It's been a year and a half since this post - what paint did you choose and how satisfied have you been?

    Jamie

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    Default Re: Marine Paint vs House Paint

    I hesitated to post on this, just wanted to comment on the drying time. I agree with Lew and Bob on the quality issues. As I’ve stated several times on other threads, Snoose was ALL latex paint when I bought her. But I’ve been gradually converting it all to oil based enamel mainly because of the lack of gloss achievable with latex. However, the hull topsides are still latex and it is very durable and easy to maintain. Someday when I want more gloss, I may wood it and start over with oil based. Just haven’t seen the need for that yet.

  18. #53
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    Default Re: Marine Paint vs House Paint

    Quote Originally Posted by George Ray View Post
    a very effective cheap version of life extension is painting with anti-freeze (ethylene glycol) as a pre-prime preservative, it is very helpful. Plywood endgrain is a particularly good place to use it. (see: Dave Carnell a forumite who transitioned to the non-physical, http://www.simplicityboats.com/chemorot.html, tom Colvin was also a big fan of antifreeze as a prepaint wood preservative )
    Also interesting was the boric acid treatment of raw plywood endgrain mentioned in that link, because I have that roach killer on hand. But is rot-killing needed as much as firmly sealing the delam threat of water intrusion?

    I have been delaying cutting a plywood mast step for relocation until I have to mix up my batch of epoxy for a shower tile recoat anyway. But this thread has inspired me to stop waiting years to cure excess weather helm, and try throwing lots of leftover latex or enamel on sawed open endgrain of that step!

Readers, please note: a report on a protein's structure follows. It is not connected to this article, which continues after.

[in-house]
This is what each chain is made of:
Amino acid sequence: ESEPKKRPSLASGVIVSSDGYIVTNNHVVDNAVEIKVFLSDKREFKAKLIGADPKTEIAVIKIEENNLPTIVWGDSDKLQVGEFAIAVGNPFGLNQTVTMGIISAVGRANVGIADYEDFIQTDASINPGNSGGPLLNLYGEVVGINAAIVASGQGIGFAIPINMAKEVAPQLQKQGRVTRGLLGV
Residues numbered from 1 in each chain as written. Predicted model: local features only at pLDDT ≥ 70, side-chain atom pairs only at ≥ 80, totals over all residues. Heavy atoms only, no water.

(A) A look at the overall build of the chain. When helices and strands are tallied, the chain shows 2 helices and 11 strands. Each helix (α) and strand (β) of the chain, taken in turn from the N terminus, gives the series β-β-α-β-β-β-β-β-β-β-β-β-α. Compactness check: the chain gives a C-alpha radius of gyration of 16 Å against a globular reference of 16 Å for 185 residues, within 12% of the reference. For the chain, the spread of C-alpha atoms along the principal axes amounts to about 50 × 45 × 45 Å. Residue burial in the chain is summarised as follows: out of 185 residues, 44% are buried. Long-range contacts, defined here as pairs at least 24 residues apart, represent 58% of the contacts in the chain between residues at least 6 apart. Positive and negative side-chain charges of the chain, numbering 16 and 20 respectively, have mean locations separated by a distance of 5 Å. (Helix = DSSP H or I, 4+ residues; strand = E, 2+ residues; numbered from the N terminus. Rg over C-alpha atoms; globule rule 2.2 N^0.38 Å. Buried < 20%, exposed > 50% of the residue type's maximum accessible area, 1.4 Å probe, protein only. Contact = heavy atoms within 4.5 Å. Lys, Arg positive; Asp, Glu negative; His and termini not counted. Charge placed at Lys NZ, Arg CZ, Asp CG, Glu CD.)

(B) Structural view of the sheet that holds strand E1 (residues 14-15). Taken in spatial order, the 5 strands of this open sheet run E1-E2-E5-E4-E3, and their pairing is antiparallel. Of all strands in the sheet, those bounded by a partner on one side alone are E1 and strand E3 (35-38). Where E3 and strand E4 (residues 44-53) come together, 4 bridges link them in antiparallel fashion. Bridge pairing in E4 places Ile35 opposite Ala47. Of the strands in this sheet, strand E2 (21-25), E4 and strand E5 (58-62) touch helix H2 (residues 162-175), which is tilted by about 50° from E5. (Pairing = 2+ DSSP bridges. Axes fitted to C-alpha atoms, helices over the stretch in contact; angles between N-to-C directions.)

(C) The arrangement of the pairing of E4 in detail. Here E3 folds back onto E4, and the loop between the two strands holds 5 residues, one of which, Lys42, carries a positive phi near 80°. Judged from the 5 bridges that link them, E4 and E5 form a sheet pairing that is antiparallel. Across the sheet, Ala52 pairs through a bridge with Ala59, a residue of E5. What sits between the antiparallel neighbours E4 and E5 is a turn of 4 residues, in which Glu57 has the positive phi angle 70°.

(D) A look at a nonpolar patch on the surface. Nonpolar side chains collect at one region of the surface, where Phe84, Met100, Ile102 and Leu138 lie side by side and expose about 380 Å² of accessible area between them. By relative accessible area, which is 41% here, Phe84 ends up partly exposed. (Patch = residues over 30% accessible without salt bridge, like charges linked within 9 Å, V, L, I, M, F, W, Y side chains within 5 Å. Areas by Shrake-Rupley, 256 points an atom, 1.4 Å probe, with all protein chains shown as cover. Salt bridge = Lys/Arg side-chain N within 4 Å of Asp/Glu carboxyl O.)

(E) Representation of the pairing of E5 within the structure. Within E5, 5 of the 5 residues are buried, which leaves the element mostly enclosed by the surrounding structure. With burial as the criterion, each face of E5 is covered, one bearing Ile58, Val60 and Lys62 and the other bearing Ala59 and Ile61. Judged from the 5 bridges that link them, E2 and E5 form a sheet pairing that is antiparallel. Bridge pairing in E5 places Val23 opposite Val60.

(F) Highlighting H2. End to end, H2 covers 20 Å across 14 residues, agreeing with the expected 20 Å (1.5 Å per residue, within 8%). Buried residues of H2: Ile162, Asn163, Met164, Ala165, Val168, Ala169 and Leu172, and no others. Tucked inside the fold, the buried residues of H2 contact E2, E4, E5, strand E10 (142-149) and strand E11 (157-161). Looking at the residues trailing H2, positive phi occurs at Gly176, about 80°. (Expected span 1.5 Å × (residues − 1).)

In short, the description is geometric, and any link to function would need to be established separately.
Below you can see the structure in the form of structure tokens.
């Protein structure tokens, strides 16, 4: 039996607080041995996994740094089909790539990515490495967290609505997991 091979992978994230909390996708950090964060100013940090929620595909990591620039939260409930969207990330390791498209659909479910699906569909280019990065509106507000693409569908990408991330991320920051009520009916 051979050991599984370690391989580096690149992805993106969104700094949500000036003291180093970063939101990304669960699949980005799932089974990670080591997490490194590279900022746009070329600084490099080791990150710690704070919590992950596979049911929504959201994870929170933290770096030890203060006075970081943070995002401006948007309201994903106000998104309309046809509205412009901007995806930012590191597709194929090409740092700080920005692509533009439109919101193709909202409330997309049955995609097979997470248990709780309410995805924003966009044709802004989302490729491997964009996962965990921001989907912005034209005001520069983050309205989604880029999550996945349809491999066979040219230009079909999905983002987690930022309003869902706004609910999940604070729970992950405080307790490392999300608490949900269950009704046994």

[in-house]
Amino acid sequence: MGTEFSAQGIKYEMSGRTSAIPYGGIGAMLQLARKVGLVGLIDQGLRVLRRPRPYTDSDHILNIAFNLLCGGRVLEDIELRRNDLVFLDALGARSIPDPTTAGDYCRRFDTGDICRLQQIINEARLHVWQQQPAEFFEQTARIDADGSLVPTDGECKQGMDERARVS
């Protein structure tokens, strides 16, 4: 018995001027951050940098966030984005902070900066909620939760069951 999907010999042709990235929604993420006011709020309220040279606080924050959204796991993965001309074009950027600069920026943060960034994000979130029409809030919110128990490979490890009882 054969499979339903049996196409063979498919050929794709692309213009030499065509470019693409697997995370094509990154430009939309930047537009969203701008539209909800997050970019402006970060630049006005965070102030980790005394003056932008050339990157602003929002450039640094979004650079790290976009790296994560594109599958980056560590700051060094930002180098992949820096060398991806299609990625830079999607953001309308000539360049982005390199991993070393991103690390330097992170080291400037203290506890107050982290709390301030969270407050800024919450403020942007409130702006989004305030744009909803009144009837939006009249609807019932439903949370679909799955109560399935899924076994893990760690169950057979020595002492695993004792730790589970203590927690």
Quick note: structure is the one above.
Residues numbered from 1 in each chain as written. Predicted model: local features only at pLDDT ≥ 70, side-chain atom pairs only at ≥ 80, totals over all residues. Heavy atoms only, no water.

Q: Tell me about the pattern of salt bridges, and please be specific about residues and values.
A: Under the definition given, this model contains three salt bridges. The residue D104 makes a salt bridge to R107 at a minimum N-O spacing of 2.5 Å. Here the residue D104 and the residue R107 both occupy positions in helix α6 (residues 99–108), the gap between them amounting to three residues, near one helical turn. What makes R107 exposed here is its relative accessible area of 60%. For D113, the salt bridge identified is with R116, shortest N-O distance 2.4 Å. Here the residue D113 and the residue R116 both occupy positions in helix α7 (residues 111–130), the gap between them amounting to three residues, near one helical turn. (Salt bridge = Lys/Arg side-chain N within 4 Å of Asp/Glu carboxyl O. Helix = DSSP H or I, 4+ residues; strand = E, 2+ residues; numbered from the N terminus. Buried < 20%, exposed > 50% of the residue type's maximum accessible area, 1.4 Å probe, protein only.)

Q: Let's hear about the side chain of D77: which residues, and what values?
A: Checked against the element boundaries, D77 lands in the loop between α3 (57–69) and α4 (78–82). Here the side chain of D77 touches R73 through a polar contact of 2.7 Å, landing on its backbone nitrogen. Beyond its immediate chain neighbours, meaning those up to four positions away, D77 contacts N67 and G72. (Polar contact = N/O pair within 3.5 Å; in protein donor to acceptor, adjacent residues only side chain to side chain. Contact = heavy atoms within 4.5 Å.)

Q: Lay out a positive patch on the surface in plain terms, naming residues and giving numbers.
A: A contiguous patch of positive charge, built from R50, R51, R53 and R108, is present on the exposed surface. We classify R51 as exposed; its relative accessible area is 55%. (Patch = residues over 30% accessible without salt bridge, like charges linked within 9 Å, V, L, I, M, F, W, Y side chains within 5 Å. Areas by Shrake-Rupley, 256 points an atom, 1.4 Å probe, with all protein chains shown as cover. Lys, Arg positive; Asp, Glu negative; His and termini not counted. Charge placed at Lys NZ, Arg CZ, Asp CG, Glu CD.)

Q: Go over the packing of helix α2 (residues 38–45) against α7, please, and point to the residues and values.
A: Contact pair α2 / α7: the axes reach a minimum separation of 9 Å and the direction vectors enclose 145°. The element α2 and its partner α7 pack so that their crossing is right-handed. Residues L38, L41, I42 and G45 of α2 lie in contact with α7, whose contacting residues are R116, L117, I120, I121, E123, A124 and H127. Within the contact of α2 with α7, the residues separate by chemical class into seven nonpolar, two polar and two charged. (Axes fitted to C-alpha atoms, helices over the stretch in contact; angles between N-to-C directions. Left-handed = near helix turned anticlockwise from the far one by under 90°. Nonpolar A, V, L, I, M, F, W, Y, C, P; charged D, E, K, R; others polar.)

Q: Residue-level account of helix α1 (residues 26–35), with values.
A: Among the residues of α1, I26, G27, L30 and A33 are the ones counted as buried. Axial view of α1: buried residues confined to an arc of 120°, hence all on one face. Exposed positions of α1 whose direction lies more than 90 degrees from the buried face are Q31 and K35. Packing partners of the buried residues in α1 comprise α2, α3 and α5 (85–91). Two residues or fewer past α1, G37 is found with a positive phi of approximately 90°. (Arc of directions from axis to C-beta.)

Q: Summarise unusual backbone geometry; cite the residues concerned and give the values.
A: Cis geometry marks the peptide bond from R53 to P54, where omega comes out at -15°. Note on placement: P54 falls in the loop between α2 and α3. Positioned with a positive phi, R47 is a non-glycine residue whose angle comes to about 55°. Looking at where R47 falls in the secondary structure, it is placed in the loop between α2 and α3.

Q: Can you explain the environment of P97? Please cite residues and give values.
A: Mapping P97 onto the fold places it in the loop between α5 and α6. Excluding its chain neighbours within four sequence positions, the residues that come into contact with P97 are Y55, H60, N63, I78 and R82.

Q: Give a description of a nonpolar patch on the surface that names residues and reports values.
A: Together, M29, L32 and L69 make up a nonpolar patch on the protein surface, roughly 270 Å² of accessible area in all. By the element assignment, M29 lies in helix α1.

19. #54
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    Default Re: Marine Paint vs House Paint

    Quote Originally Posted by Bob Cleek View Post
    What Lew just said. It's really very simple. If you took your boat to the best "gold plater" yard around and asked them to give it their best paint job, they wouldn't use water-based paint from Home Depot and six months or a year later, it wouldn't look like it was painted with water-based paint from Home Depot. If you had a car that you cared about as much as you care about your boat, you wouldn't think of painting it with latex paint from the Big Box store. Would you?

    It really boils down to an owner's personal standards of quality and craftsmanship. A lot of products out there, especially paints, are specifically formulated and advertised for the "DIY" market. Like everything else, they "dumb it down" so that it is as close to "idiot proof" as they can make it. There's a cost to that in quality, longevity, and price. If you are satisfied with whatever you use, that's good enough for you. However, if you are disappointed with it down the road, you will know why. Not every boat needs to be finished like a Steinway, but if you ask professional boat painters how they get the results you desire, I think you'll find very few are going to advise you use latex paint. On the other hand, if you ask the guy at the hardware or even the paint store, and you don't look like a professional painter (who wouldn't be asking the question in the first place,) he'll likely advise water-based paint because he doesn't want customers who don't know what they are doing coming back and complaining after they've mucked up the job using expensive oil-based paint that takes more skill to condition and apply.
    Eh, that's not what Lew just said. He said expensive paints make sense for big boats where cost of materials is low compared to cost of labor, and you want to go as long as possible between repainting sessions.

    For small boats that get used--and don't intend to win "Best of Show" awards anywhere--and aren't aiming for a high-gloss finish (which I personally think is far too "yachty" for a cruising small boat anyway)--well, then latex porch and floor enamel can be extremely successful. AND cheap. And low-fuss.